Use this URL to cite or link to this record in EThOS: http://ethos.bl.uk/OrderDetails.do?uin=uk.bl.ethos.314855
Title: Kinetic modelling studies of amine-epoxide cure reactions using radiochemical tracers
Author: Parker, Mark John
Awarding Body: University of Surrey
Current Institution: University of Surrey
Date of Award: 1992
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Abstract:
The process of curing epoxides with amines has been for many years a route to obtain many useful materials, from everyday substances such as adhesives right through to thermoset resins used in advanced composite manufacture. This work will try to highlight how a combination of chemical and numerical techniques come together to aid the further understanding, of what is an extremely complex reaction. Chapter 1(a) is a general review of epoxy resin curing chemistry, paying particular attention as to how our understanding of the process has developed over several decades, and highlights the various techniques used to study the reaction. Chapter 1(b) describes the experimental approach taken in this work, namely that of using model reactants in combination with radiochemical techniques in order to gain kinetic information about cure reactions. In Chapter 2 the development of the various kinetic models is discussed. It is first described how, and on what basis, various aspects of the cure chemistry are incorporated into the model. One then goes on to describe the numerical analysis applied to the rate equations, and how this is incorporated within the model. The results of the two major aspects of the work are divided into two distinct areas. The first (Chapter 3) deals with the modelling of those reactions using a low initial concentration of primary amine (usually < 0.6M). These systems are devoid of many of the complicating features of cure reactions, and are shown to be modelled to a high degree of accuracy. In essence they are ideal systems, and ones which the initial model (KINET31) used in this study is able to describe. Chapter 3 also describes some studies carried using aromatic diamines, and the modelling performed of these reactions. Chapter 4 on the other hand deals with those reactions which used high initial amine concentrations. By contrast the standard of modelling shown here with KINET31 was much poorer. It is then described how various physical aspects of the cure reaction are investigated in an attempt to highlight the model's inadequacy. It is eventually shown how H-bonding of species, and the formation of pre-complexes, can play a very significant role in cure reactions. When the model is adapted to take these interactions into account a significant improvement is noted (KINET31H). Finally Chapter 5 deals with another interesting aspect of cure reactions, namely that of accelerators. With the model now taking into account the formation of the most are. significant pre-complexes, the reactivities of various -OH type accelerators are investigated.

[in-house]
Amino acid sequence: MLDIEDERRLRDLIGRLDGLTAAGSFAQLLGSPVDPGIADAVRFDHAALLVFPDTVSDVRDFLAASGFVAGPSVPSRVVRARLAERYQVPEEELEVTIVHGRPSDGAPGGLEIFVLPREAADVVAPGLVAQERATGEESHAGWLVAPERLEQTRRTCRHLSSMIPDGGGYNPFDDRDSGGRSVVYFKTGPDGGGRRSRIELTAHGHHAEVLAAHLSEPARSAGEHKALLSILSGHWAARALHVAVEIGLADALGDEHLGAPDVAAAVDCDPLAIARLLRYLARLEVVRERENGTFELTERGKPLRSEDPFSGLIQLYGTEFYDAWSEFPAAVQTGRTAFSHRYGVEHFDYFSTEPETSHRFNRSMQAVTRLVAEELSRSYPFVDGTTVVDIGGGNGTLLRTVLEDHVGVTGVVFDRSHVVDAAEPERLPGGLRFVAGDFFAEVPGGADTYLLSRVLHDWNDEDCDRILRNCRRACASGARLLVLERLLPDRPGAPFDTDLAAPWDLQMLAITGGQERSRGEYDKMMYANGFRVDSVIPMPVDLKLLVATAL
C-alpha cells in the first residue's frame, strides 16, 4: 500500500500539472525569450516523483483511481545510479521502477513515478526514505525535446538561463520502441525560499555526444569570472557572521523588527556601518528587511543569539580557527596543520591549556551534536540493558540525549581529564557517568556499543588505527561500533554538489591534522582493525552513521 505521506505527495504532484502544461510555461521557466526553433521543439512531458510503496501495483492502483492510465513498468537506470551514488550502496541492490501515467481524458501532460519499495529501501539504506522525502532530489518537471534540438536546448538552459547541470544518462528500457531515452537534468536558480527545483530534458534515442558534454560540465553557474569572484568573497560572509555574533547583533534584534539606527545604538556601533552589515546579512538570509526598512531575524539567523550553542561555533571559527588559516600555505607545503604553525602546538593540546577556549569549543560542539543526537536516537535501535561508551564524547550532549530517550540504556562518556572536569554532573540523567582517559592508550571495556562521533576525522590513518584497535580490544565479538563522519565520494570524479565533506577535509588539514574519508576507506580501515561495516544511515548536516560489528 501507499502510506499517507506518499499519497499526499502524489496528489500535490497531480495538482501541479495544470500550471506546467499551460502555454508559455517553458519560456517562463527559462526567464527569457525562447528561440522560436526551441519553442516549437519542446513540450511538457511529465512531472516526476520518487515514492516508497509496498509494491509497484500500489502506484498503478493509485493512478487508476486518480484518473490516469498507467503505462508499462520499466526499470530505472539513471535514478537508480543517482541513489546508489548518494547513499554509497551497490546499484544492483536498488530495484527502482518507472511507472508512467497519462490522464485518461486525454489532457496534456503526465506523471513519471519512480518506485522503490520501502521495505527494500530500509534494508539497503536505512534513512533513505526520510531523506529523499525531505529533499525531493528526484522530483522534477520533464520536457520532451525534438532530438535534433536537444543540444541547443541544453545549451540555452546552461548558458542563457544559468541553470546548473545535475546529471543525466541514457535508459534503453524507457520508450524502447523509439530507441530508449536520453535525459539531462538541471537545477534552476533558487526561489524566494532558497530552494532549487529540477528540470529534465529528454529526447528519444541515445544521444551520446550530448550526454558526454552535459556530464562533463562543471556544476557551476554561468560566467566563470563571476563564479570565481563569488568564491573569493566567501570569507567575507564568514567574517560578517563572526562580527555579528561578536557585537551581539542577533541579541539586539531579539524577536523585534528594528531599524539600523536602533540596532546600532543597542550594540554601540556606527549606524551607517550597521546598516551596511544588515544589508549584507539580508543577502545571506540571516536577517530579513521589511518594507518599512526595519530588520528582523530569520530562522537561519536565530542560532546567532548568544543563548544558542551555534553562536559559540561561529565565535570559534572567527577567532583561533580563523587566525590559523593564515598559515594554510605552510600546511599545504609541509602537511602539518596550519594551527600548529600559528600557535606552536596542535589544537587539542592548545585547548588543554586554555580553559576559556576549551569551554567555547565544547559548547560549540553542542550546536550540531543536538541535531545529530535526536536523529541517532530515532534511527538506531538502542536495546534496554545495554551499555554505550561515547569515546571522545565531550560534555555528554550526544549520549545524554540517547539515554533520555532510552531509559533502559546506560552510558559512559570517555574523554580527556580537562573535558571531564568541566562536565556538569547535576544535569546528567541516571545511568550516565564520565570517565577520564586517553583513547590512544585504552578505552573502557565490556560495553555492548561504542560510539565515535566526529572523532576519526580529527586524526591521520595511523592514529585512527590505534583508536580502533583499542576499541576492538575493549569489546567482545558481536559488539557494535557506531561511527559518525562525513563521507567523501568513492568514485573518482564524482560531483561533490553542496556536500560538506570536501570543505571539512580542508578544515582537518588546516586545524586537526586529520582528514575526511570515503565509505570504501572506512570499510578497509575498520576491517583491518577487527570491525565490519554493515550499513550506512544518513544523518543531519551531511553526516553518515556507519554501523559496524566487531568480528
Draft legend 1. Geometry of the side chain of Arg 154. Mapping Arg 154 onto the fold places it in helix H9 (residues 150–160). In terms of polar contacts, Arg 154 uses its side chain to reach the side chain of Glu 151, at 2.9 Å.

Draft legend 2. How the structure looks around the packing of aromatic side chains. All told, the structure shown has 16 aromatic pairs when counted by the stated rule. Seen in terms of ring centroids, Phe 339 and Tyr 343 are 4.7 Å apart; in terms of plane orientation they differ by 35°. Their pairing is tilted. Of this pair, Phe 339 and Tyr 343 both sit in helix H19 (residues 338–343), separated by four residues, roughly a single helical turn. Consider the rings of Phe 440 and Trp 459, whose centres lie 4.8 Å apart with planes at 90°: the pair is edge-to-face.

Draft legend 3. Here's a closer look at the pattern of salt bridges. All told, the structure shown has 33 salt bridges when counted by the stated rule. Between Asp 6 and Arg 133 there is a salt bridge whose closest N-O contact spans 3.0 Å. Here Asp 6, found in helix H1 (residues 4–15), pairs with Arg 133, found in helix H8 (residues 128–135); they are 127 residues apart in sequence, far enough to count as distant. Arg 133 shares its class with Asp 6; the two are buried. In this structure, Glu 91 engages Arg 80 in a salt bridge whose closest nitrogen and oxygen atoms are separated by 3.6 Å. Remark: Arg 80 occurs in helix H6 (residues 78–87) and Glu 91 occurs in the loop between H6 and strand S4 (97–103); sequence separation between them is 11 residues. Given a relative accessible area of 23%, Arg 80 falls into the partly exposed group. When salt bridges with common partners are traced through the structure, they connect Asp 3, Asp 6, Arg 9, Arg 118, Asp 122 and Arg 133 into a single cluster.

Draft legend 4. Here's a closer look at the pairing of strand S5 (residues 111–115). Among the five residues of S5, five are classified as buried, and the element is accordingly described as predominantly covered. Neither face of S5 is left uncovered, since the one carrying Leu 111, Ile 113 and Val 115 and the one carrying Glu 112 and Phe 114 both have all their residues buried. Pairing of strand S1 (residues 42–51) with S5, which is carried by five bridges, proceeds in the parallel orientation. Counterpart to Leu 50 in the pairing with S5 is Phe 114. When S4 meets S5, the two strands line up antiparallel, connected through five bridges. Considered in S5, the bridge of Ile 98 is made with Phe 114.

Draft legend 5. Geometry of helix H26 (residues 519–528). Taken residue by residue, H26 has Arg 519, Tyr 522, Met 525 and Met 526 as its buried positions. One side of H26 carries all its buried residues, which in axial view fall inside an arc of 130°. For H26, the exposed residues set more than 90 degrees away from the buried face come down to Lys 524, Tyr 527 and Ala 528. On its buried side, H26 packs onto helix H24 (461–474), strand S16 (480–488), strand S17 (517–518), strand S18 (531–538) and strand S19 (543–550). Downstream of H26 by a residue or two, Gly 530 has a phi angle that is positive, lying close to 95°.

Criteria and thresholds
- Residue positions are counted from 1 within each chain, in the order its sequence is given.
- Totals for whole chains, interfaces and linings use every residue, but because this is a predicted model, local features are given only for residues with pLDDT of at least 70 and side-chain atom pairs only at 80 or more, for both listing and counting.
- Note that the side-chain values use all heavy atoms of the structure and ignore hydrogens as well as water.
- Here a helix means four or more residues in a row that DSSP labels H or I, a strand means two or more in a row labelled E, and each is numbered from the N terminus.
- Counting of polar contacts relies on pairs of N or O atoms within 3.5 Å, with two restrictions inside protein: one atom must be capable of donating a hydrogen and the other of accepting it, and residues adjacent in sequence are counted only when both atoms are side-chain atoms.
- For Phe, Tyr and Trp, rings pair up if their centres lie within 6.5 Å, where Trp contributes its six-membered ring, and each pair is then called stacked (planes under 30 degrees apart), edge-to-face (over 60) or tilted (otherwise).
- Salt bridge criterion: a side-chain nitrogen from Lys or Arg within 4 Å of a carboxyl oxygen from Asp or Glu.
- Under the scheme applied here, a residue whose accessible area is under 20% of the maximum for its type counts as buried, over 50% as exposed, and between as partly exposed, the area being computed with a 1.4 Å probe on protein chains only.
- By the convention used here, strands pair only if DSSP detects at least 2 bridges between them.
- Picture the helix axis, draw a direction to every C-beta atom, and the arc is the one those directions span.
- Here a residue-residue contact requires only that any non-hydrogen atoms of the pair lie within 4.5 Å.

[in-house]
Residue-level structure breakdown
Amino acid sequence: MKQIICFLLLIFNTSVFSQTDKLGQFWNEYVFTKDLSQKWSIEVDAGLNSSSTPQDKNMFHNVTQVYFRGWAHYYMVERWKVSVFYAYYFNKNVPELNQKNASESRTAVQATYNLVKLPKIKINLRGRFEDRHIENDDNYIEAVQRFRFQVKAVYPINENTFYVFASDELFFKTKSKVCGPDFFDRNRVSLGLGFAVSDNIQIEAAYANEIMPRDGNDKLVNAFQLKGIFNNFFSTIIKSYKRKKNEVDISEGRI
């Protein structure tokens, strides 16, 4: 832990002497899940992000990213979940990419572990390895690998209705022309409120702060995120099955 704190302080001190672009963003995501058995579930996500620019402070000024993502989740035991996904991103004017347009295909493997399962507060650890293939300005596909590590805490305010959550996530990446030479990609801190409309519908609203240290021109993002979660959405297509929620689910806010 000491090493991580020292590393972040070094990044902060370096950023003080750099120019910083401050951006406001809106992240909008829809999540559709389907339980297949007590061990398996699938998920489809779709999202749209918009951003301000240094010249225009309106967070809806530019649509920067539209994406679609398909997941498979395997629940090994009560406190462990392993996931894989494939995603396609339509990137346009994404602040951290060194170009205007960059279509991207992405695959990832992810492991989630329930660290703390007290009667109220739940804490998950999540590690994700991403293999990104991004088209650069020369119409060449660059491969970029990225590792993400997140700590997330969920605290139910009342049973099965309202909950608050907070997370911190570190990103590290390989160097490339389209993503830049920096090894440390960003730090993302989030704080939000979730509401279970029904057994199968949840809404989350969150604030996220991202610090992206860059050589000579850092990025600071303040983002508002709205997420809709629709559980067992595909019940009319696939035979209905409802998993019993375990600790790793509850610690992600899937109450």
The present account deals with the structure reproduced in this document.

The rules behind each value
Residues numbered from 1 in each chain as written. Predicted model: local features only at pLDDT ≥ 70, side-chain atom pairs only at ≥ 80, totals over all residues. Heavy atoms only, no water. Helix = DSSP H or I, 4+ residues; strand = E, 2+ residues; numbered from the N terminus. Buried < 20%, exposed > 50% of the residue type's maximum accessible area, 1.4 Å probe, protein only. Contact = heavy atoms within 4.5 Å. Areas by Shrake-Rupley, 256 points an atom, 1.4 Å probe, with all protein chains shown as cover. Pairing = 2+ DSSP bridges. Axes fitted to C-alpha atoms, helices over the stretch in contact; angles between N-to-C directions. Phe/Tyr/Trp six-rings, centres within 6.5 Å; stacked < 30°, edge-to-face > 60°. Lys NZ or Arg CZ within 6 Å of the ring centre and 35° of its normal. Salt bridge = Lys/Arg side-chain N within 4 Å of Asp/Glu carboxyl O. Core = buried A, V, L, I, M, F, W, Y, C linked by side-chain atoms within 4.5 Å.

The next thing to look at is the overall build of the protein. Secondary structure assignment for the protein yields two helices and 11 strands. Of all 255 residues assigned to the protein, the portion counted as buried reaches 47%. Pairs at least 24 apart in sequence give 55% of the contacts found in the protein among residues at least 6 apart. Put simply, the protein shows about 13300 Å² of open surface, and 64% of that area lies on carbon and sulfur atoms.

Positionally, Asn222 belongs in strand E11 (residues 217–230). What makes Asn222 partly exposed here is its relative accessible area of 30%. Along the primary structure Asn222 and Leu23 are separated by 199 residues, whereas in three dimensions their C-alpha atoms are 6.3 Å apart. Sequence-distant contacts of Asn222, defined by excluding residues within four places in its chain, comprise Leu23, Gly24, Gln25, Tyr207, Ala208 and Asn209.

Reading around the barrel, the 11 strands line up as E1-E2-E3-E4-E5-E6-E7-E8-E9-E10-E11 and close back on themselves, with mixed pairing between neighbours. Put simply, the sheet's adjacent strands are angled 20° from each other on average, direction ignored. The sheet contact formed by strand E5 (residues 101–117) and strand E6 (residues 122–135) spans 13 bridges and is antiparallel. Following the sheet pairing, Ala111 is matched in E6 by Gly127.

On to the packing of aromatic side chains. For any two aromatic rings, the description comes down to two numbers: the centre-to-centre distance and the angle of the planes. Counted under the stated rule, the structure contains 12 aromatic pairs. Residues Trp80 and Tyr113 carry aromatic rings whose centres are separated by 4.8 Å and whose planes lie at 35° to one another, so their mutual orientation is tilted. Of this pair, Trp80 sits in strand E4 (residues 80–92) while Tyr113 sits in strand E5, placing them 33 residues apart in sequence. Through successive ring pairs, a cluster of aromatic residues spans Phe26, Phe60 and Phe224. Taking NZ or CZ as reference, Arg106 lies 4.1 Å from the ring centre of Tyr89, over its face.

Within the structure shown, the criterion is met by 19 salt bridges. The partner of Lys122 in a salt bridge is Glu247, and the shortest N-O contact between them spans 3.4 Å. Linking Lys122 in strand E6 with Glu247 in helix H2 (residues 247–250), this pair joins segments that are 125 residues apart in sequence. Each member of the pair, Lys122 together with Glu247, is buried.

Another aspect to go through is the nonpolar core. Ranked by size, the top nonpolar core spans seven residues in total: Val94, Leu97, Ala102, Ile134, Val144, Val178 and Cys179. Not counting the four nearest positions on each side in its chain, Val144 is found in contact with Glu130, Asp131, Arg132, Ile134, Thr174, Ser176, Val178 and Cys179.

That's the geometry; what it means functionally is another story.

Supervisor: Not available Sponsor: Not available
Qualification Name: Thesis (Ph.D.) Qualification Level: Doctoral
EThOS ID: uk.bl.ethos.314855  DOI: Not available
Keywords: Epoxide curing chemistry
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